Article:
That is, until I got onto the sand, looked out at the billowing waves and realized how foolish I was to think that I belonged there.

Creation is necessary. To believe that everything around us appeared from nowhere would actually be the greatest step of faith that anyone, anywhere could ever muster.

Somebody created the foundations of the world. Likewise, evolution is obvious. No master designer would create a prototype and then not improve upon it with detail and subtleties.

We have one unique job in life–and that is to recognize that just because we’ve been deposited into a foreign environment and it feels welcoming, does not mean that we are to remain there.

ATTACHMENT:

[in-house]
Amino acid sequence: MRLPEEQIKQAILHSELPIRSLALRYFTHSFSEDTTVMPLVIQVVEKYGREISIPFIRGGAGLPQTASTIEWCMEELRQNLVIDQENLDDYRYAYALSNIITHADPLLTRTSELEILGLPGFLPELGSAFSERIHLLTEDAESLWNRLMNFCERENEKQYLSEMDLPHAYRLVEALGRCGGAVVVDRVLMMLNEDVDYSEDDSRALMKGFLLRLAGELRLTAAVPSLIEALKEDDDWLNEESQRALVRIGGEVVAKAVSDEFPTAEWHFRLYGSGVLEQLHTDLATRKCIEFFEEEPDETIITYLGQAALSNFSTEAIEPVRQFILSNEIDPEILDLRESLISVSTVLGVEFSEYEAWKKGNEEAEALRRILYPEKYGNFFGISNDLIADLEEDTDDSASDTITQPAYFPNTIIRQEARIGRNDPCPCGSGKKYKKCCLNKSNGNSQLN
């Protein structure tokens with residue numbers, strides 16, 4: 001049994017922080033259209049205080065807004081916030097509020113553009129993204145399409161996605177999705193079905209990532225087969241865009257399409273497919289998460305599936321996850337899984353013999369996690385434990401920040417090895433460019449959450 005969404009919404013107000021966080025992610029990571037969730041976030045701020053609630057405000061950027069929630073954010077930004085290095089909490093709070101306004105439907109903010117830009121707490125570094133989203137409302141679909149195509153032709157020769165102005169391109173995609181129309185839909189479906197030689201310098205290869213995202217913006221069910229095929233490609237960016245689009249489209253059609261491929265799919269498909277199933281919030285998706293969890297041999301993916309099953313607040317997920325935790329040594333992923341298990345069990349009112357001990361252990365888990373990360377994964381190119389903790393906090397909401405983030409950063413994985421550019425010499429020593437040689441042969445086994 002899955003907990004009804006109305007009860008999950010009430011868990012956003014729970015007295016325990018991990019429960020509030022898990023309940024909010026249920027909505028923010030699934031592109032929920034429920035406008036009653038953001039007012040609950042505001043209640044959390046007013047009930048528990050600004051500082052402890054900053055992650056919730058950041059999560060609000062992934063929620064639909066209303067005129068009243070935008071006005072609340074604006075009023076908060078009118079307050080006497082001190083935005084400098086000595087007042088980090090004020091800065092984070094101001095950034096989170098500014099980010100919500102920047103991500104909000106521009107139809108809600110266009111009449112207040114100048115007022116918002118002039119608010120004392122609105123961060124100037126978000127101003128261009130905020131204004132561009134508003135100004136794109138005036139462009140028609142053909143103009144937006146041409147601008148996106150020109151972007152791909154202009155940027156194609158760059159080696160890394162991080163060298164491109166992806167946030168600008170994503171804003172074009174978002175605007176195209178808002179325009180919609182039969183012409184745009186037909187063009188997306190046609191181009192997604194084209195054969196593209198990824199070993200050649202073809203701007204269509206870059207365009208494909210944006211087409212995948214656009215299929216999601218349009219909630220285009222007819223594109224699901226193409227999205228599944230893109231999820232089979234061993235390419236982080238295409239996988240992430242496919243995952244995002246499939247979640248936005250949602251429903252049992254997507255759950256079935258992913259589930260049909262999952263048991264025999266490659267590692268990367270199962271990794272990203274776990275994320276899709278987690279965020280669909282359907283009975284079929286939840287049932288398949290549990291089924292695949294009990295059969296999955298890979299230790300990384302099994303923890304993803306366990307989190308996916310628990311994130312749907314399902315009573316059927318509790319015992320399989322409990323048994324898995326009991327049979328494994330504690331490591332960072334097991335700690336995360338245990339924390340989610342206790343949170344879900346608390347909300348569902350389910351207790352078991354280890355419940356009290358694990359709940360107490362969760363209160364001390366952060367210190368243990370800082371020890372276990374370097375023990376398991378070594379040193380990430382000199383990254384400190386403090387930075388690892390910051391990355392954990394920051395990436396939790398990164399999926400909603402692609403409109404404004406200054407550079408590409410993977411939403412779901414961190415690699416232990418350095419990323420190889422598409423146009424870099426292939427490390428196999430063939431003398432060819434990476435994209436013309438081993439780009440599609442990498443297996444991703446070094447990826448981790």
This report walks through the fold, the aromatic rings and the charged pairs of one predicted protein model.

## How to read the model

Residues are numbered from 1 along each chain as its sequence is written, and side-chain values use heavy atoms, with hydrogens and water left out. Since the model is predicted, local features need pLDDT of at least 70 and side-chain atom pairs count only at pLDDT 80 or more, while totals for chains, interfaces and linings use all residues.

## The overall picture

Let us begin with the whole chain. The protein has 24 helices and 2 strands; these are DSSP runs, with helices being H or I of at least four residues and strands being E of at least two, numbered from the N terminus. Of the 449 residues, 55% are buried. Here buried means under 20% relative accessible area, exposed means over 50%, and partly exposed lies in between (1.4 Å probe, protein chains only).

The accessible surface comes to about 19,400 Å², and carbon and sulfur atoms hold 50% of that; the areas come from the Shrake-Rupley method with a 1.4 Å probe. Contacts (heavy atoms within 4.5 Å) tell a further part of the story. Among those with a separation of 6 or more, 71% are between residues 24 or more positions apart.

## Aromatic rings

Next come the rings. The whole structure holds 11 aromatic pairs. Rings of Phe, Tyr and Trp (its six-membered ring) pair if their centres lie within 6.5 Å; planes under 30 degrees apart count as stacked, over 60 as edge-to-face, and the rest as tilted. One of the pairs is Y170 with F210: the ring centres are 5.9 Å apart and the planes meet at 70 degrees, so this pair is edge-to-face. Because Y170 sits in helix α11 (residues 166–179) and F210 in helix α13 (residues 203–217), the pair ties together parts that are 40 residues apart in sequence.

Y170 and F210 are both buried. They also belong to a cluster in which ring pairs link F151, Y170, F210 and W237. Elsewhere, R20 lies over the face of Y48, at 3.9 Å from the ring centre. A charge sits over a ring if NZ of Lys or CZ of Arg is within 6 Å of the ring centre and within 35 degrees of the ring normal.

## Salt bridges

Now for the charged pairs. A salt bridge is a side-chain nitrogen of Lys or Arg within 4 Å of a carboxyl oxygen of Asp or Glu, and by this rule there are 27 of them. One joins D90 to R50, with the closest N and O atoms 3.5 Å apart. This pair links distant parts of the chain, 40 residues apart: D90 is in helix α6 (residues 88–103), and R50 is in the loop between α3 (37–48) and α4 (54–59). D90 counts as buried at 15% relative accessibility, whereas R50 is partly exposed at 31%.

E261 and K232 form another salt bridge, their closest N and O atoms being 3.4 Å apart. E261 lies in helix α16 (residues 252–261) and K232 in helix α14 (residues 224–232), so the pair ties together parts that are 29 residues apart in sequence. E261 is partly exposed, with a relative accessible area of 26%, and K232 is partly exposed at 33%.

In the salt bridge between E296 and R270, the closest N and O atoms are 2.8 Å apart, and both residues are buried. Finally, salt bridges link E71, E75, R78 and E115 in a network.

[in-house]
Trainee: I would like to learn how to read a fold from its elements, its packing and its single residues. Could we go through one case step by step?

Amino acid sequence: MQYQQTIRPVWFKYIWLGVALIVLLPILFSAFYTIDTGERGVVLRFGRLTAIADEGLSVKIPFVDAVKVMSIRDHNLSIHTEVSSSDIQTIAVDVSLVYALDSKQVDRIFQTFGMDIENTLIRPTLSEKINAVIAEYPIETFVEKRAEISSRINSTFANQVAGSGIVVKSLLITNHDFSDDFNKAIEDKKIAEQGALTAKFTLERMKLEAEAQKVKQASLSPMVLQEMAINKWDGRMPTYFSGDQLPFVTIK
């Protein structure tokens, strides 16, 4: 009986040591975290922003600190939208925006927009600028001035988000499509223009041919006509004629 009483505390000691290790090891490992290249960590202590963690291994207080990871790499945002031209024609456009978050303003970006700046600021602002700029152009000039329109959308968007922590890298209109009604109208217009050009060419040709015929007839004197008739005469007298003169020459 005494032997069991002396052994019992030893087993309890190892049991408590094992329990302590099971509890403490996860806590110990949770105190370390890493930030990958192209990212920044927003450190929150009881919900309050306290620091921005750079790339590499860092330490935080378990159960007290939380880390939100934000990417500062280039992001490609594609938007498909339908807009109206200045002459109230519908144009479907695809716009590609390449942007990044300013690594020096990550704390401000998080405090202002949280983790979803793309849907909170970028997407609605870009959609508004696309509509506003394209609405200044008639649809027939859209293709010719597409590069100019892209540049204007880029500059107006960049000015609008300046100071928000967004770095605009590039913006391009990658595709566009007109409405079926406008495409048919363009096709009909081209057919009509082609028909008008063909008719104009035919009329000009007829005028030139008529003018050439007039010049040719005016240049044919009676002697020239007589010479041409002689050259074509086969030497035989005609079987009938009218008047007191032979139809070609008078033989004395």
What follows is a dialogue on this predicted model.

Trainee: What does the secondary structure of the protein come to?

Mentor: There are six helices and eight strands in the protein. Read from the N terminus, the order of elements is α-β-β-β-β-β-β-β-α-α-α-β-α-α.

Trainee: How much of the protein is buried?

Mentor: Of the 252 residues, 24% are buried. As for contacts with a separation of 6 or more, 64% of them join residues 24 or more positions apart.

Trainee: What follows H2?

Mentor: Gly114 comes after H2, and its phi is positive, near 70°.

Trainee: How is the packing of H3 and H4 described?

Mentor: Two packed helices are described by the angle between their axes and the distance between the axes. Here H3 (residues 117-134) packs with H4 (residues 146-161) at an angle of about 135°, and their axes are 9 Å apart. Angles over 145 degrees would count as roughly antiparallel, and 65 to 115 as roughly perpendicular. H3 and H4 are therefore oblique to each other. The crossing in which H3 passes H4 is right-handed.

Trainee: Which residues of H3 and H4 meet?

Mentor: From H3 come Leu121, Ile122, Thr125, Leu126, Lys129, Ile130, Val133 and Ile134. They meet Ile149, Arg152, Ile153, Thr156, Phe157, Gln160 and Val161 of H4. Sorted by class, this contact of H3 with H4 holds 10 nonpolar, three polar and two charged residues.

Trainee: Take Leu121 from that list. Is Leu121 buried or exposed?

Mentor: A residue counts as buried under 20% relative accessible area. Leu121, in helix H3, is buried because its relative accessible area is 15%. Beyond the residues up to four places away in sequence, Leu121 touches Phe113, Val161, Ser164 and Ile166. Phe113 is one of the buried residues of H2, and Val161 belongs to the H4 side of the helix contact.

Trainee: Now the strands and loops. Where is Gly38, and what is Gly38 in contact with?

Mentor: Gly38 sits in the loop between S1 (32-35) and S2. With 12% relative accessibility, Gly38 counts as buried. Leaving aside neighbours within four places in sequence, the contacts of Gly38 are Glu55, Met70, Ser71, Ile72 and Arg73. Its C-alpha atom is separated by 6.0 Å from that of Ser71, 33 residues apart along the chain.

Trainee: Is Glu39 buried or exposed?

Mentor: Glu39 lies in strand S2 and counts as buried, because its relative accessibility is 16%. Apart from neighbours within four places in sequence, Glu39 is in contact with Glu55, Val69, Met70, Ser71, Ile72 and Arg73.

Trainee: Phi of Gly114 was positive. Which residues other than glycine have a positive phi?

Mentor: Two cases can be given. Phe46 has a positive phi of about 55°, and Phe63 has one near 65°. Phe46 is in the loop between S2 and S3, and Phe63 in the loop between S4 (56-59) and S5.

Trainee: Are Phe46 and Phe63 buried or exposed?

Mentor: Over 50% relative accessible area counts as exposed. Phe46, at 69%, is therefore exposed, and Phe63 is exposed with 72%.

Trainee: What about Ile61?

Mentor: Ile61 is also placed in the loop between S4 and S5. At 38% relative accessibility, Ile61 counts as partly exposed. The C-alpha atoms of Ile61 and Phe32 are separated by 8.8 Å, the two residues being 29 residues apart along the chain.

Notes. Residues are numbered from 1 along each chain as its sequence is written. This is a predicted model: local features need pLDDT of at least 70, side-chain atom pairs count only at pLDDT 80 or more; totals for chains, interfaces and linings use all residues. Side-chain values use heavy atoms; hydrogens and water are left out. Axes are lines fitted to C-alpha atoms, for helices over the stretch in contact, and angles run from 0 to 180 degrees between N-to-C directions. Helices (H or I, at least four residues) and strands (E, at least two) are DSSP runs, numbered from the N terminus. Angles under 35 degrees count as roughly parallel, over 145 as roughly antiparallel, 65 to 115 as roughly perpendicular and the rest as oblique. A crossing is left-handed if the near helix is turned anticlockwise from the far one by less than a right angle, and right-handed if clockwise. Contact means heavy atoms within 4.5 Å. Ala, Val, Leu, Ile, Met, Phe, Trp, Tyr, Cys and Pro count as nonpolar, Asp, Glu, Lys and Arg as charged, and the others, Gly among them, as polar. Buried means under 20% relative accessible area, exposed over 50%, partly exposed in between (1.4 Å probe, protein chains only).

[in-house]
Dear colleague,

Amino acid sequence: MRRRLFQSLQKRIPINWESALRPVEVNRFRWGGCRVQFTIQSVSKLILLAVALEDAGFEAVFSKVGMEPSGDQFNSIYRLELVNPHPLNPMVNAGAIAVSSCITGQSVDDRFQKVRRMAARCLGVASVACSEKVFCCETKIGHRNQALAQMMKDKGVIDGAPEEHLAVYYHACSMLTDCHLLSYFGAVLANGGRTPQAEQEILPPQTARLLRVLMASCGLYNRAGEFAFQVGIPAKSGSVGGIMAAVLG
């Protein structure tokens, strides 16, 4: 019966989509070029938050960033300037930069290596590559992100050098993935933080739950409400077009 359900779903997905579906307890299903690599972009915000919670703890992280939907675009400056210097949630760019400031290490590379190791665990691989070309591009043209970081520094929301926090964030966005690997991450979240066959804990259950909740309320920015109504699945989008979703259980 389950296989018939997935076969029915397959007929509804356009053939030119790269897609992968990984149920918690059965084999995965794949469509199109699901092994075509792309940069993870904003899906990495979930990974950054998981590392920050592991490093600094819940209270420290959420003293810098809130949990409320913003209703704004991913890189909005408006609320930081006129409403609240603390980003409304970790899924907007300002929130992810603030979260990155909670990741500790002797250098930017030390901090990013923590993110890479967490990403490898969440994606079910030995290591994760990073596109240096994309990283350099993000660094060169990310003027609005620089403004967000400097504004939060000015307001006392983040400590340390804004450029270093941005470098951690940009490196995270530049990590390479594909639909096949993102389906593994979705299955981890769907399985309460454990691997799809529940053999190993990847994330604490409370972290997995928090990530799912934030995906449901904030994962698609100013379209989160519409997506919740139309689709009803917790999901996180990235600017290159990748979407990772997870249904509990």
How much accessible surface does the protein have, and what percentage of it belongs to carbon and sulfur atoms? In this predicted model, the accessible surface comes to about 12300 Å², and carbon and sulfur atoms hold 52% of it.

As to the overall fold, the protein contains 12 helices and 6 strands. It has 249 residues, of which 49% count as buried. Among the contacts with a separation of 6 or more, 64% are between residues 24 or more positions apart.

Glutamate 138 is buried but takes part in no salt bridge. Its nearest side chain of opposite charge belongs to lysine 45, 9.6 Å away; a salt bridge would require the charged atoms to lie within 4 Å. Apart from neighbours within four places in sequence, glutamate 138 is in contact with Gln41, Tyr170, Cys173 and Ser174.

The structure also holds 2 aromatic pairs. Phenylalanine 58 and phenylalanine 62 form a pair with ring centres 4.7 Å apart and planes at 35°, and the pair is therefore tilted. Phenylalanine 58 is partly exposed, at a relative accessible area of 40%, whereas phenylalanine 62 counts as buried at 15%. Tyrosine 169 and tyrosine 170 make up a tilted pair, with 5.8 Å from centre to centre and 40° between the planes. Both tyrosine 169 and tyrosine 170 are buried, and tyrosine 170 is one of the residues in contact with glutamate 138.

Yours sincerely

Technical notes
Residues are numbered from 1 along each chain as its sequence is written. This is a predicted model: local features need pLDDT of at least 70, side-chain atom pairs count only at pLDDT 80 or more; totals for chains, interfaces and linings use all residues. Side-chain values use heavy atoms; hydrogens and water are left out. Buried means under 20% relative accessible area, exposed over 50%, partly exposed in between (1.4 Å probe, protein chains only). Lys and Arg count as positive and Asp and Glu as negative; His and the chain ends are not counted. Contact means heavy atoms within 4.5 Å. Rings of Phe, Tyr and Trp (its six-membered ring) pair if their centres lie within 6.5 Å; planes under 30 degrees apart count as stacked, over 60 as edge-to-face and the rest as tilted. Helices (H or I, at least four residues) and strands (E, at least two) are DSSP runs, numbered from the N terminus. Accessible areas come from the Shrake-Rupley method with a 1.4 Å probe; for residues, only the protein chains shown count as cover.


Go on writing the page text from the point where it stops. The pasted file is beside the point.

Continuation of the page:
We must evolve to where we can grow. I had no life in the haven of liquid. I just had temporary reassurance.

  • My purpose was on land.
  • I could only grow on land.
  • I could only succeed on land.
  • I could only be happy on land.

To achieve my next place of expansion, I had to swim–because without swimming, I would eventually sink.

What feels secure is rarely the answer. There’s a certain amount of swimming against the tide that is necessary in order for us to land … where we belong.

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Click for details on the SpirTed 2014 presentation

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Please contact Jonathan’s agent, Jackie Barnett, at (615) 481-1474, for information about scheduling SpiriTed in 2014.

click to hear music from Spirited 2014